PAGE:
The ‘anonymous witness’, identified in the case as ‘Faritov’, is supposed to have testified against the defendants two and a half years ago, and was then questioned, by video link and with voice distortion, over two or three hearings in June 2021.  Faritov’s earlier testimony to the investigator clearly preceded the arrest of Rayim Aivazov during the night from 16-17 April 2019.  Back in 2019, Faritov, who is alleged to have taken part in ‘conspiratorial meetings of the so-called Hizb ut-Tahrir group’, did not mention Aivazov at all.  He did, however, claim that Farkhod Bazarov had been one of the leaders / organizers of this ‘group’.

This was in full accordance with the FSB story in March 2019.  That story, however, changed, in one case for very sinister reasons.   Aivazov was seized by FSB officers when returning home from mainland Ukraine late on 16 April 2019.  He disappeared, shortly after texting his wife to say he was at the Russian checkpoint and that he seemed to be waiting too long.  He was only able to inform his family the following afternoon that he had been arrested.  As soon as he was allowed to see his lawyer, he retracted his supposed ‘confession’ and ‘testimony’ against the men arrested earlier and described in detail how these had been extracted through torture (more information here).

It was after Aivazov first formally retracted his supposed confession, and with his lawyer, Maria Eismont as witness, that the civic activist was first warned that he would “in that case” get the harsher of the two charges.  This is exactly what happened in August 2020. 

During his interrogation in June 2021, Mr Anonymous ‘Faritov’ totally changed his testimony.  In full accordance with the FSB’s adjusted indictment, he now claimed to remember that Aivazov, whom he had ‘forgotten’ in 2019, was one of the organizers, and that he had somehow also ‘recalled’ that Bazarov was merely a participant.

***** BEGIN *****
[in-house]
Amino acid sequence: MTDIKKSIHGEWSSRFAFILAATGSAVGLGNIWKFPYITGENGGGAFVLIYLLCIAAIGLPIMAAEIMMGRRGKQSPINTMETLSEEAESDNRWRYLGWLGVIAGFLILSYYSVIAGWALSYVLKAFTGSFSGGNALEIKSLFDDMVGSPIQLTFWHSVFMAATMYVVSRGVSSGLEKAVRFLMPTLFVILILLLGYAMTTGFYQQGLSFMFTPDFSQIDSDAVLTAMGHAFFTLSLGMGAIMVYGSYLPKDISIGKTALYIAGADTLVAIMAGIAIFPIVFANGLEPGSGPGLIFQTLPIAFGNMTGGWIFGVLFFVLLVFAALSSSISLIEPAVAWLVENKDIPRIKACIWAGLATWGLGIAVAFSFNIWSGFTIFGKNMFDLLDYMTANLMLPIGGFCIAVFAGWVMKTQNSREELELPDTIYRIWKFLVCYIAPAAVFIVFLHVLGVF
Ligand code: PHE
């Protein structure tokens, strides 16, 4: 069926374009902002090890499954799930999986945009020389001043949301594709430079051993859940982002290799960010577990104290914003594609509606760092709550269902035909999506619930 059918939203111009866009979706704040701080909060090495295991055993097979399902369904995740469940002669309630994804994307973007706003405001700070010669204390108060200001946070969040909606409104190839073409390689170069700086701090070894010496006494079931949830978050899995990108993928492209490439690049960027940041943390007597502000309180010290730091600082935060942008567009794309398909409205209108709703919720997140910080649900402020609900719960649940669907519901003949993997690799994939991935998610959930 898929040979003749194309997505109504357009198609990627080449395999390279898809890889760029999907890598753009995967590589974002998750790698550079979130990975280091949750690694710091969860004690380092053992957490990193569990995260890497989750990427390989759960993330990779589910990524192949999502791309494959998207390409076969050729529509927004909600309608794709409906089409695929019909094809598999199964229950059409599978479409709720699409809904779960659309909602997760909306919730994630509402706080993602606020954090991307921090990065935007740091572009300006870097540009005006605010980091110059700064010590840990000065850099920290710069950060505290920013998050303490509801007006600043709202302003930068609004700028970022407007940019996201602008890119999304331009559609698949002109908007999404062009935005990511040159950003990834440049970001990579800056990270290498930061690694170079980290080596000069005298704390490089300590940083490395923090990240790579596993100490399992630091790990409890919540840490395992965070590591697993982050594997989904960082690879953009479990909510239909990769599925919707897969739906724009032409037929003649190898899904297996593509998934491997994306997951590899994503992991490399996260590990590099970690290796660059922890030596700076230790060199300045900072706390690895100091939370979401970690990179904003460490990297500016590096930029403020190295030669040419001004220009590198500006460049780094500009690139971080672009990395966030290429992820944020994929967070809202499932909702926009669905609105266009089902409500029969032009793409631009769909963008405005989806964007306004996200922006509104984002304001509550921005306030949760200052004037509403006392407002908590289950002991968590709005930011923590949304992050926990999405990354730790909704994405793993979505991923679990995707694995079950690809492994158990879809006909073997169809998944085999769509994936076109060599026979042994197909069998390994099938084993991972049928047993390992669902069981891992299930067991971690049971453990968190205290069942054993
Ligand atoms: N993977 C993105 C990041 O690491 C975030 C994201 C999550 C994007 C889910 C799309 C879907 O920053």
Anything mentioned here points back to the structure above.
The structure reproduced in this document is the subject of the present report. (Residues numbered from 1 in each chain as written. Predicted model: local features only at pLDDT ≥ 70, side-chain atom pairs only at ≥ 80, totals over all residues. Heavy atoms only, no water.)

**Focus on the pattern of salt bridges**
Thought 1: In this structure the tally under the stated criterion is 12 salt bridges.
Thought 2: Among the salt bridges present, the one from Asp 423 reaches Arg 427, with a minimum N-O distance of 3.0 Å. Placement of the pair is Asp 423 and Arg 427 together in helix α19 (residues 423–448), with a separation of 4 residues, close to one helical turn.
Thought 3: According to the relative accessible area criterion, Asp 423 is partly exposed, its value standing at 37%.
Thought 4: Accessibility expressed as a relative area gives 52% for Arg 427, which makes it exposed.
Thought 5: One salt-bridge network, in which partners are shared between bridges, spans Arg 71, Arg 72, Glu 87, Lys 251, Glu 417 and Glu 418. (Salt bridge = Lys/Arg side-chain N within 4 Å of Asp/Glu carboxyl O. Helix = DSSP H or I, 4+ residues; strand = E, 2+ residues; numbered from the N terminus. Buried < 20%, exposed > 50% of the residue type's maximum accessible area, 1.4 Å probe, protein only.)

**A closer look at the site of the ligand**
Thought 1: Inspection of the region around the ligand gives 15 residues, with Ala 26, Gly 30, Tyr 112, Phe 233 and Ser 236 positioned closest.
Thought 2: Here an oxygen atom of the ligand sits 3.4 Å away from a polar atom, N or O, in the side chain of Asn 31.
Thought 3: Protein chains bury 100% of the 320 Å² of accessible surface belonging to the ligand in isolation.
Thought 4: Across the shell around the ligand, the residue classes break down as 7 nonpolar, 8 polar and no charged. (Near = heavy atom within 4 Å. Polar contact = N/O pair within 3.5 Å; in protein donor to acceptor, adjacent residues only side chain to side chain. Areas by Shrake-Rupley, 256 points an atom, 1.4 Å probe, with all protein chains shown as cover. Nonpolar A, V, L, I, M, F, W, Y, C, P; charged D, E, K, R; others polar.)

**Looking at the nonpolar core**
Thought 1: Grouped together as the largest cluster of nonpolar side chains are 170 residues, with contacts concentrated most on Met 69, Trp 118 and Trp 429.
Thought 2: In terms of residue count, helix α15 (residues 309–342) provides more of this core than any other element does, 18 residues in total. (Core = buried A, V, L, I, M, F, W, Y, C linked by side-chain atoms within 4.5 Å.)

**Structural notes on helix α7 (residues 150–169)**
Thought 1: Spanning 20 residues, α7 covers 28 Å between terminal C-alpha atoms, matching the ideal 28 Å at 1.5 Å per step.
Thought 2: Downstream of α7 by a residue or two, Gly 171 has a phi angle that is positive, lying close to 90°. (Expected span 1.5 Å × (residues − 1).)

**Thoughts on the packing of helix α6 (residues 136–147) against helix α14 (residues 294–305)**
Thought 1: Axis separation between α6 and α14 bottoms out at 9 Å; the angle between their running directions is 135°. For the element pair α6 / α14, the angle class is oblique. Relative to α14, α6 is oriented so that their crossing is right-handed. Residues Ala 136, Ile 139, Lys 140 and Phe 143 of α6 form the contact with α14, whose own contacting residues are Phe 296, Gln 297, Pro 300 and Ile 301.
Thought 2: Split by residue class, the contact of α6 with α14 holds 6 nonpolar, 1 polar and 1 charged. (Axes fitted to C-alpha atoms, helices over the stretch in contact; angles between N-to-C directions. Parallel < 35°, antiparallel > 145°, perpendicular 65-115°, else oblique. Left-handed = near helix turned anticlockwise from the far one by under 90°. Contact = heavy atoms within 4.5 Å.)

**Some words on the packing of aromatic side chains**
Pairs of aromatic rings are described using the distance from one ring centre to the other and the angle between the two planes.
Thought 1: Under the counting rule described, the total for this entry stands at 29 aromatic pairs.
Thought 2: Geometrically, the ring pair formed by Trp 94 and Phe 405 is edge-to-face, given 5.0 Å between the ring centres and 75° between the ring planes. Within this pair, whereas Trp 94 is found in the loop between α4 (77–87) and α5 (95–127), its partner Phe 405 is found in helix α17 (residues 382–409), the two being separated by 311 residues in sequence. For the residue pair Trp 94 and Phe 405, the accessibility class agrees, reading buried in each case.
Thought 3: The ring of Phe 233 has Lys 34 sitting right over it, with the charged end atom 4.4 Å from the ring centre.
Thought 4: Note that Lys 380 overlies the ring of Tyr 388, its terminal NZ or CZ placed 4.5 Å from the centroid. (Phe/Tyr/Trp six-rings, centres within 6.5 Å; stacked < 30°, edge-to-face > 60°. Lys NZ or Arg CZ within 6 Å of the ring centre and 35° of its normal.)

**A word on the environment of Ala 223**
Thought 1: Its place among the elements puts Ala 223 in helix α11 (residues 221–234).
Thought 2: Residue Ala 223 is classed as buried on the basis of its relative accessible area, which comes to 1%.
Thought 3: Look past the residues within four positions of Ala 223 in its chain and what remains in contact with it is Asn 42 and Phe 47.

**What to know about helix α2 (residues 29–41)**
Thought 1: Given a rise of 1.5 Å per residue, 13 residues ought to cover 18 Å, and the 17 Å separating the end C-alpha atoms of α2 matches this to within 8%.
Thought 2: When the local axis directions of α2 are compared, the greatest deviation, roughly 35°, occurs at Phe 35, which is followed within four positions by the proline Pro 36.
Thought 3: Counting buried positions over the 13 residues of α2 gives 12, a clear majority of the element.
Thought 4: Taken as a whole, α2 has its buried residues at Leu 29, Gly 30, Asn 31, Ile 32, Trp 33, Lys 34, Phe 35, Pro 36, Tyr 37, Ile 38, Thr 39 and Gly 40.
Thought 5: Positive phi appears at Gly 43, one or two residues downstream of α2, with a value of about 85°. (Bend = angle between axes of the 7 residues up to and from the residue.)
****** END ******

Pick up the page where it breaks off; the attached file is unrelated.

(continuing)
It should be stressed that the meetings where he allegedly met the men were in 2016, almost three years before the major operation that began on 27 March 2019.  The conversations illicitly taped during those meetings were entirely innocuous discussions on religious topics, on what courage is, and about Russia’s persecution of believers.  The FSB have their own pseudo ‘experts’ who are willing to provide assessments in which they claim that a particular word or subject ‘proves’ that the men are members of Hizb ut-Tahrir.   

Even in a Russian court, such flights of consciousness by so-called ‘experts’ would look very poor, especially given the huge period of time that had elapsed between the conversations and the men’s arrest.  It is the anonymous witnesses whose supposed ‘testimony’ gives some meat to the charges.

The UN Secretary-General’s report, as well as earlier reports from the UN High Commissioner for Human Rights, have noted serious grounds for believing that the courts in many trials of Ukrainians take the side of the prosecution.  In this case, presiding judge Oleg Volkov, together with Vitaly Mamedov and Magomedbasir Shuyapov, from Russia’s Southern District Military Court, are abetting the FSB first in concealing the torture used to extract ‘confessions’ from Aivazov and the mobile phone they stole, which would corroborate Aivazov’s story, then in refusing to discard a confession which the defendant has said was given under duress.  They have also, from the outset, denied the men their right to a fair trial by allowing obviously dodgy testimony despite the lack of any justification for keeping anonymous witnesses’ identity secret.   The same is, of course, true of prosecutor Yevgeny Kolpikov.